In British Columbia, Provincial Support for Libraries Cut 22%
Library advocates somewhat relieved, had feared total loss of funds
Norman Oder -- Library Journal, 08/21/2009
- Weeks of worry that all funding would be cut
- Hope that improved economy will restore service
- Provincial funding supports databases, reference, literacy BC OneCard
After weeks in which library advocates feared a complete loss of provincial funds—which historically provides about ten percent of public library support—officials in British Columbia (BC) announced a 22 percent cut in funding, to $13.7 million CAD (about $12.7 million USD).
That prompted a positive response from the Association of BC Public Library Directors, the BC Library Association, and the BC Library Trustees' Association (BCTLA), which said they were “pleased to see that the provincial government recognizes the integral role public libraries play in community development and literacy and is therefore avoiding deep cuts to library funding.”
It is unclear whether the reductions will affect all provincial programs, such as reference and literacy support, equally. “As the budget process is ongoing, details on grants that will not be funded have yet to be announced,” the organizations said. “We do, however, appreciate that public libraries will be able to continue providing most of the services traditionally funded by the Province. These are fiscally challenging times and we understand that temporary cuts, while difficult, are necessary.”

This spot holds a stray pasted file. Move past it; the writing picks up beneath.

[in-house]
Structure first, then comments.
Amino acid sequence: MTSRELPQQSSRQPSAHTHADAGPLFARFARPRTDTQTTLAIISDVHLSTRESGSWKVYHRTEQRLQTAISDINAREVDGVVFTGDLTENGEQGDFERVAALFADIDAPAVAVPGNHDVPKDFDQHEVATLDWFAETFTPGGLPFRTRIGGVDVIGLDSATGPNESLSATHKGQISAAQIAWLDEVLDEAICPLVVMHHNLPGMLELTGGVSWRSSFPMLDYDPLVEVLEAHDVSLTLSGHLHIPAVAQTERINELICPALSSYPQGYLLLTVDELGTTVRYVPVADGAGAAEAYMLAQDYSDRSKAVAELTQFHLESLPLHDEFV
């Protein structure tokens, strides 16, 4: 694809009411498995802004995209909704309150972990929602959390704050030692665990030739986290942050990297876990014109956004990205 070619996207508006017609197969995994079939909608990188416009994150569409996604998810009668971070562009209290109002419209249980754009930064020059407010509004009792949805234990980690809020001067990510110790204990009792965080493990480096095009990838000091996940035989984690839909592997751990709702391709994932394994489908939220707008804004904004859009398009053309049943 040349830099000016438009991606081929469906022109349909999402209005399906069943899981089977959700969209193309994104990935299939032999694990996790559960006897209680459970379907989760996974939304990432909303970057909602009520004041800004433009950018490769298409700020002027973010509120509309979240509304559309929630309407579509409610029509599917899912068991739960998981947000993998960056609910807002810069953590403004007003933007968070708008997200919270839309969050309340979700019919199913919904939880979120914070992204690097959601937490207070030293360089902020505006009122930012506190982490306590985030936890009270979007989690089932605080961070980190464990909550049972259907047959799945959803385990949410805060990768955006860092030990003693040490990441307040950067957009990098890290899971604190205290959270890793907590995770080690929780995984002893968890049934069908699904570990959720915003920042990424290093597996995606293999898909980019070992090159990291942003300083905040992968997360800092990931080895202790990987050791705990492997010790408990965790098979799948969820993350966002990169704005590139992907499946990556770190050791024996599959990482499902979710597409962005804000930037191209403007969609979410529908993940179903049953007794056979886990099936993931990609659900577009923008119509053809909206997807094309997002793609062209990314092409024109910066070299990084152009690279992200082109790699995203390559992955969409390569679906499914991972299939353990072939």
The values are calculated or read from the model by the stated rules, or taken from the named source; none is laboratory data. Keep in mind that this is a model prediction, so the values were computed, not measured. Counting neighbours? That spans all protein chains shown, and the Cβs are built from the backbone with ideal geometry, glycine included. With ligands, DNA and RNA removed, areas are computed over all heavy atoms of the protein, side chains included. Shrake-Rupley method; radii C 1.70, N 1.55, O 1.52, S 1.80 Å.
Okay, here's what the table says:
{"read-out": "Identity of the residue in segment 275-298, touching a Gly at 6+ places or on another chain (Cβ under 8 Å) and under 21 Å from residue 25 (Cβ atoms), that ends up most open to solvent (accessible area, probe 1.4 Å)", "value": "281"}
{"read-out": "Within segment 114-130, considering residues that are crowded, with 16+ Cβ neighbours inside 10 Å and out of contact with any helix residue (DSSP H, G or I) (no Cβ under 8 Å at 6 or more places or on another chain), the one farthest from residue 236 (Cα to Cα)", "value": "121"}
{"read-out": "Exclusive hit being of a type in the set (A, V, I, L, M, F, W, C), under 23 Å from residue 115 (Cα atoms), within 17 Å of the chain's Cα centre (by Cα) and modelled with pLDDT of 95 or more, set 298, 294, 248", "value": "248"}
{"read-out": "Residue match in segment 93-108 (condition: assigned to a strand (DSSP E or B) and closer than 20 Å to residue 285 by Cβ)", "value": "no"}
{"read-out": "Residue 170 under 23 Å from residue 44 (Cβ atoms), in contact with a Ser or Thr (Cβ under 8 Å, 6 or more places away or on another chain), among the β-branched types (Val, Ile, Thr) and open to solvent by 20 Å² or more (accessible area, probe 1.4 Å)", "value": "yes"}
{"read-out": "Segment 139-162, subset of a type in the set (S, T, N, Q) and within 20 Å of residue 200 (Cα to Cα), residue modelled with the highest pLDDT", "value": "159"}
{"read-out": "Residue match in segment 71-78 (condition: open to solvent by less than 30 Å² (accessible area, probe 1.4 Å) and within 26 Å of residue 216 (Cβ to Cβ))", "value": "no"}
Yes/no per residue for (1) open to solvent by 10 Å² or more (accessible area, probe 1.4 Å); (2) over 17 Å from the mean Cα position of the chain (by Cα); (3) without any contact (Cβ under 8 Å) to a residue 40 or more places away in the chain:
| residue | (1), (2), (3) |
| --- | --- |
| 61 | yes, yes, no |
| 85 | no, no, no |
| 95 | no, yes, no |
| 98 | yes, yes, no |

They said they hoped that, as the provincial economy improves, so can library support, as has occurred in some other Canadian provinces.
In a letter to library groups, a Ministry of Education official wrote, “This government set a clear budget plan in February that focuses on government’s priorities of health care and education. To support this focus, government undertook a comprehensive review of discretionary grants and had to make some difficult decisions…With the funding available, we will endeavour to address the greatest need and to preserve vital public library infrastructure.”
The library groups, however, had noted that, without provincial grants, significant cuts would result in areas of open access (more than 5.4 million items borrowed between communities last year); online full-text magazines and databases purchased cooperatively; AskAway, a collaborative reference service; the BC OneCard, which allows residents to use other provincial libraries; and literacy programming, such as the free BC Summer Reading Club and Books for BC Babies.
Effort to stave off cuts
In July, the Fraser Valley Regional Library established Stop BC Library Cuts, a web site aimed to help the library community mobilize public support in the campaign to maintain provincial grants.
Also, BCTLA has an extensive list of resources and links to articles.